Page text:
For many jobs 3-jaw inaccuracy doesn't matter because the lathe cuts relative to the spindle axis. Relatively short jobs held close to the chuck come out OK. However, don't move jobs in and out of the chuck because it's extremely difficult to position work on the spindle axis exactly as it was before.

For low-run out, and if work has to be moved, it's necessary to dump the 3-jaw in favour of a 4-jaw chuck or collets.

4-jaw chucks can be adjusted with the aid of a DTI to almost completely eliminate run-out, but it takes time to do. Nonetheless, there is a faction who never use anything but 4-jaw chucks - speed comes with practice.

Collets are fast and accurate but pricey because lots of different sizes are needed and they suit some types of work more than others.

A rarely used method these days is to set the job between centres in the spindle and tailstock, and drive it with a dog. No chuck of any sort required, and it's accurate, but setting up is quite slow. Also possible to bolt work to a faceplate, but setting up is very slow. Faceplates are good for turning jobs too big to fit in a chuck, and for boring super-accurate holes with buttons.

I've yet to use my faceplate for anything, and don't own any lathe-dogs.

Dave

PS sometimes new owners start by looking for defects in their pride and joy by measuring stuff, or - even worse - stripping machines down. Unfortunately measuring down to 0.02mm and reassembly both require skill and it's all too easy to get the wrong end of the stick. Even experts cock-up sometimes. I suggest it's better to start by using the machine because nothing highlights genuine faults like cutting metal. If the machine misbehaves in action, then look for faults. Bad cuts provide many clues as to what's wrong, if anything. Only when there's evidence to work from start measuring and taking stuff apart to isolate the fault. Bear in mind before assuming the machine is wrong there's a lot to learn about materials and technique. Owning a Stradivarius doesn't make one a violinist.

Ady111/11/2021 10:26:49
avatar
5063 forum posts
734 photos

Use tailstock support on a hobby lathe

John ATTLEE11/11/2021 10:35:47
21 forum posts

Compared to most on this forum I am a novice with a 1950s Denham DL lathe. I used to use a three jaw but I now normally only use the four jaw. I have found with practice I can get the bar to run pretty true within about 40 seconds. The 4 jaw has the advantage that it can take square or rectangular bar. I do use the 3 jaw for production of several identical items.

Whilst I can take out the eccentricity with a 4 jaw, run out at a distance remains a problem. I am now starting to machine between centres with some success.

I thought that the experience of a relative novice might be helpful.

John

Speedy Builder511/11/2021 10:50:18
2590 forum posts
207 photos

I would not follow JC's advice unless the runout is in excess of a mm or so. Three jaw chucks usually have the jaws numbered 1,2,3 which fit into their respective numbers on the chuck body.

Also, I have never understood why, but I usually tighten the jaws onto the workpiece and if I need the bar stock to be held really tight, I rotate the chuck around to the next jaw and tighten again - Perhaps its just habit !

Bob

Speedy Builder511/11/2021 10:50:48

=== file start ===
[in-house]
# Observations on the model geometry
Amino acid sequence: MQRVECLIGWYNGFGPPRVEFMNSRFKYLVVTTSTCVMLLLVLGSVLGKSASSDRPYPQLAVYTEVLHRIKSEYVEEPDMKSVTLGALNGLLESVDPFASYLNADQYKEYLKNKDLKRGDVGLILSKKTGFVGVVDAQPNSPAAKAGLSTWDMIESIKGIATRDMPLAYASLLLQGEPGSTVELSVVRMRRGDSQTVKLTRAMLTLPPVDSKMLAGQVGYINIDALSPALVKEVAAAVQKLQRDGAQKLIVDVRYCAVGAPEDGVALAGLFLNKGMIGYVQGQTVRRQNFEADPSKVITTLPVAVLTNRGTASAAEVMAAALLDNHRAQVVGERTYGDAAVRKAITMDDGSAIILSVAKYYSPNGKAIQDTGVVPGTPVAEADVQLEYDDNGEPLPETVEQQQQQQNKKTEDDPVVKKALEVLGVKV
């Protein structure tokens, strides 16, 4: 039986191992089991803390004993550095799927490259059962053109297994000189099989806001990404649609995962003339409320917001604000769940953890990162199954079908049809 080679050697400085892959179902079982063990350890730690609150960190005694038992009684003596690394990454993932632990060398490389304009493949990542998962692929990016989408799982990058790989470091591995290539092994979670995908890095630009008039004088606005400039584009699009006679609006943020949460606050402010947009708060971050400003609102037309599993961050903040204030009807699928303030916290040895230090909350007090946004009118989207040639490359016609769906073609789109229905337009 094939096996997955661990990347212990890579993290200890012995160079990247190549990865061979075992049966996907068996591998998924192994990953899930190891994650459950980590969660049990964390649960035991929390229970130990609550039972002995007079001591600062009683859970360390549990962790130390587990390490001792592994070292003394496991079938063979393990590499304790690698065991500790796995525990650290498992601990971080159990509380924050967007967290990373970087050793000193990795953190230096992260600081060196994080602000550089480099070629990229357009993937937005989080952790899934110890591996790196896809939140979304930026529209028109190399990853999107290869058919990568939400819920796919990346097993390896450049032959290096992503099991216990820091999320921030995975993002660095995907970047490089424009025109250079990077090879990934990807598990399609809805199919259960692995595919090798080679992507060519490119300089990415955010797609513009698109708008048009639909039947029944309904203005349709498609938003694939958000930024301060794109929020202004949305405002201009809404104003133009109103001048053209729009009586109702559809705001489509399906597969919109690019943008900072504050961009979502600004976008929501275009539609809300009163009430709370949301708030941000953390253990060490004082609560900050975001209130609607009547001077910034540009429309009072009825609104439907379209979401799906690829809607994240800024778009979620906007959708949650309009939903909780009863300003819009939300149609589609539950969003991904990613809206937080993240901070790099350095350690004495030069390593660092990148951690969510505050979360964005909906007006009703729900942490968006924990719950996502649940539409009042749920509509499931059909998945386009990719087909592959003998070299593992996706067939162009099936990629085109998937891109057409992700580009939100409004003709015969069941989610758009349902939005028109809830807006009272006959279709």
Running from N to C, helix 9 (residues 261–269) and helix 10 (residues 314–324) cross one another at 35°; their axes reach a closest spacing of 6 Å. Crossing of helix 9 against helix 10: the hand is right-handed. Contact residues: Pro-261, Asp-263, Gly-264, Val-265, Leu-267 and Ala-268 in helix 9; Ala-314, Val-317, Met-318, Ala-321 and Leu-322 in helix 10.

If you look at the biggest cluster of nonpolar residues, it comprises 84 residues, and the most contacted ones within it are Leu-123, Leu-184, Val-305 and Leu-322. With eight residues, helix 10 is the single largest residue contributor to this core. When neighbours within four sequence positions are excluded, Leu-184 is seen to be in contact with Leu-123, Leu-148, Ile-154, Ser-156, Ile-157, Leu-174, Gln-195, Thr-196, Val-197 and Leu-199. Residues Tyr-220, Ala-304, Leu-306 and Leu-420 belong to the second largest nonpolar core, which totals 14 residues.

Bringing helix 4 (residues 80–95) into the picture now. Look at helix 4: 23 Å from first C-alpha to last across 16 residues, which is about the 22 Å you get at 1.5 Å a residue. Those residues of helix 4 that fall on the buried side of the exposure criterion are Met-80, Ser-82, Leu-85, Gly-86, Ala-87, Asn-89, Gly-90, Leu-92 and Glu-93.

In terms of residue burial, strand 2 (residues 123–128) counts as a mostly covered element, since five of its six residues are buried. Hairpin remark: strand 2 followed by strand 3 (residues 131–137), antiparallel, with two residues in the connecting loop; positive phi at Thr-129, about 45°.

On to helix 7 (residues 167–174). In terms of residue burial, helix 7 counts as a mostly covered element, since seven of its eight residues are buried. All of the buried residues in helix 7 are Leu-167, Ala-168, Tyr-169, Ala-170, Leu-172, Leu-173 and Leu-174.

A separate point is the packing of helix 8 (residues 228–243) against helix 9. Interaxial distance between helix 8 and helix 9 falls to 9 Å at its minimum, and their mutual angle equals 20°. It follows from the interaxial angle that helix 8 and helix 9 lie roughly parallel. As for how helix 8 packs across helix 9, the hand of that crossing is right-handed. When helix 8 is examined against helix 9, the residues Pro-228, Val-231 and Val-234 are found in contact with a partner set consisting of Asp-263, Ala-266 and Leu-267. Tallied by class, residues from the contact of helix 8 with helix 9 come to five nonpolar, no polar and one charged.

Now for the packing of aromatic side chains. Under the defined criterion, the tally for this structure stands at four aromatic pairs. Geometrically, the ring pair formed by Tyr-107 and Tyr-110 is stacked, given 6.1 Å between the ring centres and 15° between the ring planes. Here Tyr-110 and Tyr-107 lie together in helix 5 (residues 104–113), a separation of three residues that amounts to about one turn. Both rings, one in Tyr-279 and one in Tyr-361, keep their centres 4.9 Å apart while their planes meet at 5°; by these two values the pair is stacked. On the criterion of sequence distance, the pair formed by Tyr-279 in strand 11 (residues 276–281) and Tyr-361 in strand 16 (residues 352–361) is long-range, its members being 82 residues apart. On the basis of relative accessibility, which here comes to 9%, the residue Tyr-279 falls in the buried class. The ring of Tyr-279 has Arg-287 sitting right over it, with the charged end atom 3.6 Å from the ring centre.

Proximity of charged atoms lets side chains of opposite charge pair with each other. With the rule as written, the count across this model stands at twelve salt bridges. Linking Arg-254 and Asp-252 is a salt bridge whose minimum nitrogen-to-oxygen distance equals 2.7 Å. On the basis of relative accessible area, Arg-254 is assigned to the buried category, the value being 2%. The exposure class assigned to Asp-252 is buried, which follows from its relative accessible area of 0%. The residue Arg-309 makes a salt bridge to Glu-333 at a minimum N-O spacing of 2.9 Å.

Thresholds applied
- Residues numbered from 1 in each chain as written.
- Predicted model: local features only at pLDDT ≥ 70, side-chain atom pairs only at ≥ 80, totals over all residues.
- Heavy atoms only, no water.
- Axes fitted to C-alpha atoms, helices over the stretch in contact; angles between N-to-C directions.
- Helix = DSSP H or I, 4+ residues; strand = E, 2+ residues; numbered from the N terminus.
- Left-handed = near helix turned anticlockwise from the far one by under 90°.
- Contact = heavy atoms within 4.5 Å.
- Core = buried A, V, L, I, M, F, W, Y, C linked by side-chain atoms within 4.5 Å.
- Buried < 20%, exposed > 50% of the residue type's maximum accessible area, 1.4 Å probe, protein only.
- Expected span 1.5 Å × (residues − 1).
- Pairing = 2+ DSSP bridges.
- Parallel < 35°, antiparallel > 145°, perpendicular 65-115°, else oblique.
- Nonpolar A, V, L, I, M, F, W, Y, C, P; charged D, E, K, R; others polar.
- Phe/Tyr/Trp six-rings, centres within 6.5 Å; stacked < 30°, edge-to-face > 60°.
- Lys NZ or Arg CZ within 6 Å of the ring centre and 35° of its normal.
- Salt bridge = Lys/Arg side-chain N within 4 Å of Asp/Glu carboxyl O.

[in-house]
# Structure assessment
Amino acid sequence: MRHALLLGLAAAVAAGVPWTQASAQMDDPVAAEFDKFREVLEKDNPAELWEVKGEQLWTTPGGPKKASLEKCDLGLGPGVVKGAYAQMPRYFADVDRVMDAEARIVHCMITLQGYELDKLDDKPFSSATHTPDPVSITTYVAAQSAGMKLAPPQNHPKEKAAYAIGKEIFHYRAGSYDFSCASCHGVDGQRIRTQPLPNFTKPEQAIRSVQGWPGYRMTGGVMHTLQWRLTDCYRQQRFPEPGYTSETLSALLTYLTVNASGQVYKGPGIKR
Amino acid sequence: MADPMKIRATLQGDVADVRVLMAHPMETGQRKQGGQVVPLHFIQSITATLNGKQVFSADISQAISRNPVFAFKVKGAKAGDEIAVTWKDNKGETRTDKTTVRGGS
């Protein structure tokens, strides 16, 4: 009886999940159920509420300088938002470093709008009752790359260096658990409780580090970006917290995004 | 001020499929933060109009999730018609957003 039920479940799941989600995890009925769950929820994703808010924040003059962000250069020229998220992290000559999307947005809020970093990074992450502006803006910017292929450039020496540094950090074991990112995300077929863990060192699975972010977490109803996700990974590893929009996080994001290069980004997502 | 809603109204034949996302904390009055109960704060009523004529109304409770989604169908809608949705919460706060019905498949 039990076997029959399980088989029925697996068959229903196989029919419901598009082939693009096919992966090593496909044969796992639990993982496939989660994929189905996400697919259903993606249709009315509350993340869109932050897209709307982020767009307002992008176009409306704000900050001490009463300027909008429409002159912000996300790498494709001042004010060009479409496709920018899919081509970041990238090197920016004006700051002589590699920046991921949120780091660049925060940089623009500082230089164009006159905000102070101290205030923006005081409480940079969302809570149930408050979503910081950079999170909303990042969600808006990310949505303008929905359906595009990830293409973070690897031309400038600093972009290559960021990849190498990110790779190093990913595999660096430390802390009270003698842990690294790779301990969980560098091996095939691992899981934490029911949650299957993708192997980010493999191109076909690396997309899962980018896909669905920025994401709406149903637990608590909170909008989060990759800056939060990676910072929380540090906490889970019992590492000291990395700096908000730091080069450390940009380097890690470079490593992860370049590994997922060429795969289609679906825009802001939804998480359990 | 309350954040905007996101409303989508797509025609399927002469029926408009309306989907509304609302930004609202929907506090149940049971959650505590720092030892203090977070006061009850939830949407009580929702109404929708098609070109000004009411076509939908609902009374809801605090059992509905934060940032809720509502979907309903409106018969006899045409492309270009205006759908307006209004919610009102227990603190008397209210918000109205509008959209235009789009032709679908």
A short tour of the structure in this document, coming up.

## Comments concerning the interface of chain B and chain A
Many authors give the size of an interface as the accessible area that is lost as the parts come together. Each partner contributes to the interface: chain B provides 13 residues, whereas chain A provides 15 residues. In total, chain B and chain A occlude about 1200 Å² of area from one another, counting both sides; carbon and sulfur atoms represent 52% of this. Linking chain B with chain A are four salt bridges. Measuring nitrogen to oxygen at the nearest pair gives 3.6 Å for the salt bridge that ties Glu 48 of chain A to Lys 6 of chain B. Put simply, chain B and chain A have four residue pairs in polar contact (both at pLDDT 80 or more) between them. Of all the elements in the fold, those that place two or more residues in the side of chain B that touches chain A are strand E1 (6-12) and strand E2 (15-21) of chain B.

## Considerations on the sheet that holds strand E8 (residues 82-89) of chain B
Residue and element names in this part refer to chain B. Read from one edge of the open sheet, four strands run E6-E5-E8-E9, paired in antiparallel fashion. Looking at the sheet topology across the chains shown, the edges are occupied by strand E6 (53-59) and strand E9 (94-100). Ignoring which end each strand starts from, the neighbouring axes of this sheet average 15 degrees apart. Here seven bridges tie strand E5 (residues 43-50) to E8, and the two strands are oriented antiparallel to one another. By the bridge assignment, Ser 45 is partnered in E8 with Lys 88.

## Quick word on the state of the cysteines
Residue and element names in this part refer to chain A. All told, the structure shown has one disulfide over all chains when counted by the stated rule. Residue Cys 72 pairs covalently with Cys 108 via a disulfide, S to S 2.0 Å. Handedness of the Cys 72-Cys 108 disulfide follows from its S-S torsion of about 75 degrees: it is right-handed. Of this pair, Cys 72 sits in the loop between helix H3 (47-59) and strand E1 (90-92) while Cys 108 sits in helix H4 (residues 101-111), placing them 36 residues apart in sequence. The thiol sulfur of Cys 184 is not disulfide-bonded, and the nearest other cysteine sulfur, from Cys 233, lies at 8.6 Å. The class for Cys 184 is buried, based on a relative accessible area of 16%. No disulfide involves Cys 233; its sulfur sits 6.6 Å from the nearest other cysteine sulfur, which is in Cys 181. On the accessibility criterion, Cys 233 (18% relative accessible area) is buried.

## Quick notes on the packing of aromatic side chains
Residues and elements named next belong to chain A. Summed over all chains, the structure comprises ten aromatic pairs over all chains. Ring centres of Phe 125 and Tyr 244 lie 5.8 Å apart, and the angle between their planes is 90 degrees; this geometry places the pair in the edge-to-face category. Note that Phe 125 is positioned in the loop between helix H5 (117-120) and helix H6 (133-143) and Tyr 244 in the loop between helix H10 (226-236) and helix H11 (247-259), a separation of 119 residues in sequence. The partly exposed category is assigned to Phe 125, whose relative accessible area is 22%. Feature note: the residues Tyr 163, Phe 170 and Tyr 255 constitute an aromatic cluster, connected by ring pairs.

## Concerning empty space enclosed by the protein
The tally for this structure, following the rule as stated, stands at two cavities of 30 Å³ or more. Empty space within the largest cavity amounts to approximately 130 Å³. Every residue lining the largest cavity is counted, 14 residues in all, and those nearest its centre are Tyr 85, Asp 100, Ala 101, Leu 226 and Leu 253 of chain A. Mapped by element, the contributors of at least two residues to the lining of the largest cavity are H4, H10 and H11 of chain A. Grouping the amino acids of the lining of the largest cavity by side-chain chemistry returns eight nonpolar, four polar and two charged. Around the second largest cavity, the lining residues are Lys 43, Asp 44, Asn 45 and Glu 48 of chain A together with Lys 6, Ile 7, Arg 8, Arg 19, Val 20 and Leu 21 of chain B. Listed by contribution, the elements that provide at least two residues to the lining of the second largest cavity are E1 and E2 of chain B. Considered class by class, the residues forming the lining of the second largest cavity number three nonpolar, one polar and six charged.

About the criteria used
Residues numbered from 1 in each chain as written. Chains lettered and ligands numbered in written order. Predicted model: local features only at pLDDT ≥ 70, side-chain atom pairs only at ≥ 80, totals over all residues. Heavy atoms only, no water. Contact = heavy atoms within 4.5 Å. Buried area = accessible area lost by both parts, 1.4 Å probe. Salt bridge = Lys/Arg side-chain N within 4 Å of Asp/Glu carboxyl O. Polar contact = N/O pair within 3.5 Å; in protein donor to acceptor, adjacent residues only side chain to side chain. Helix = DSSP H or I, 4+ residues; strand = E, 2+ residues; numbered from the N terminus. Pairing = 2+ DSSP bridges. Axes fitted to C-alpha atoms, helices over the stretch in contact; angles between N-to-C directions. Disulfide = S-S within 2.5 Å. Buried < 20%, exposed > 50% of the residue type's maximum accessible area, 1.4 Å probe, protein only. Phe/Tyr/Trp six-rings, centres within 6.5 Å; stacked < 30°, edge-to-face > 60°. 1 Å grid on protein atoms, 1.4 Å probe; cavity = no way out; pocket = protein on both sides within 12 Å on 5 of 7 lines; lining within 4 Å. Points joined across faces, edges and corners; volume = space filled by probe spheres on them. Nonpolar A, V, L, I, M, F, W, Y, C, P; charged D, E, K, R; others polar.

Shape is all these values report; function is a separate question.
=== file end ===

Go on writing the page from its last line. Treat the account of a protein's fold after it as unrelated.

2590 forum posts
207 photos

I would not follow JC's advice unless the runout is in excess of a mm or so. Three jaw chucks usually have the jaws numbered 1,2,3 which fit into their respective numbers on the chuck body.

Also, I have never understood why, but I usually tighten the jaws onto the workpiece and if I need the bar stock to be held really tight, I rotate the chuck around to the next jaw and tighten again - Perhaps its just habit !

Bob

roy entwistle11/11/2021 11:14:32
1504 forum posts

At technical school 70 odd years back we only used 4 jaw chucks. There were 3 jaw chucks there but we never used them

Roy

Dave Halford11/11/2021 11:35:52
2001 forum posts
23 photos

Round bright bar is neither very round nor very straight, the chuck may be fine.

A new 3 jaw may have a 3thou wobble built in, some may be perfect.

Rotate the bar bit in the jaws and re tighten it may be better.

JasonB11/11/2021 12:57:11
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Moderator
22555 forum posts
2634 photos
1 articles

My first question would be did you machine the backplate in-situe on the lathe spindle? and if so how good a fit is the register in the chuck recess?

What is the parentage of the chuck and did it give a spec for likely runout from where you bought it?

Are you measuring a ground bar of just a bit of what was laying around?

What is the actual reading you are getting?

Edited By JasonB on 11/11/2021 12:58:58

larry phelan 111/11/2021 13:37:35
1169 forum posts
15 photos

As with Speedy Builder5, I too "open with one, tighten with three", lathe or drill chuck.

Why ? no idea, except I was told to many moons ago.

As regards 3 jaw chucks, I used to think they were "Dead on" ! Wishful thinking, which is why I now use my 4 jaw, even if it takes a bit longer to set up. Not that much really, once you get used to it.wink

Derek Lane11/11/2021 15:41:07
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719 forum posts
164 photos
Posted by larry phelan 1 on 11/11/2021 13:37:35:

As with Speedy Builder5, I too "open with one, tighten with three", lathe or drill chuck.

Why ? no idea, except I was told to many moons ago.

As regards 3 jaw chucks, I used to think they were "Dead on" ! Wishful thinking, which is why I now use my 4 jaw, even if it takes a bit longer to set up. Not that much really, once you get used to it.wink

I was taught this many moons ago when I did my contractors plant and maintenance course was told it helps grip the drill bit or whatever you was holding in the chuck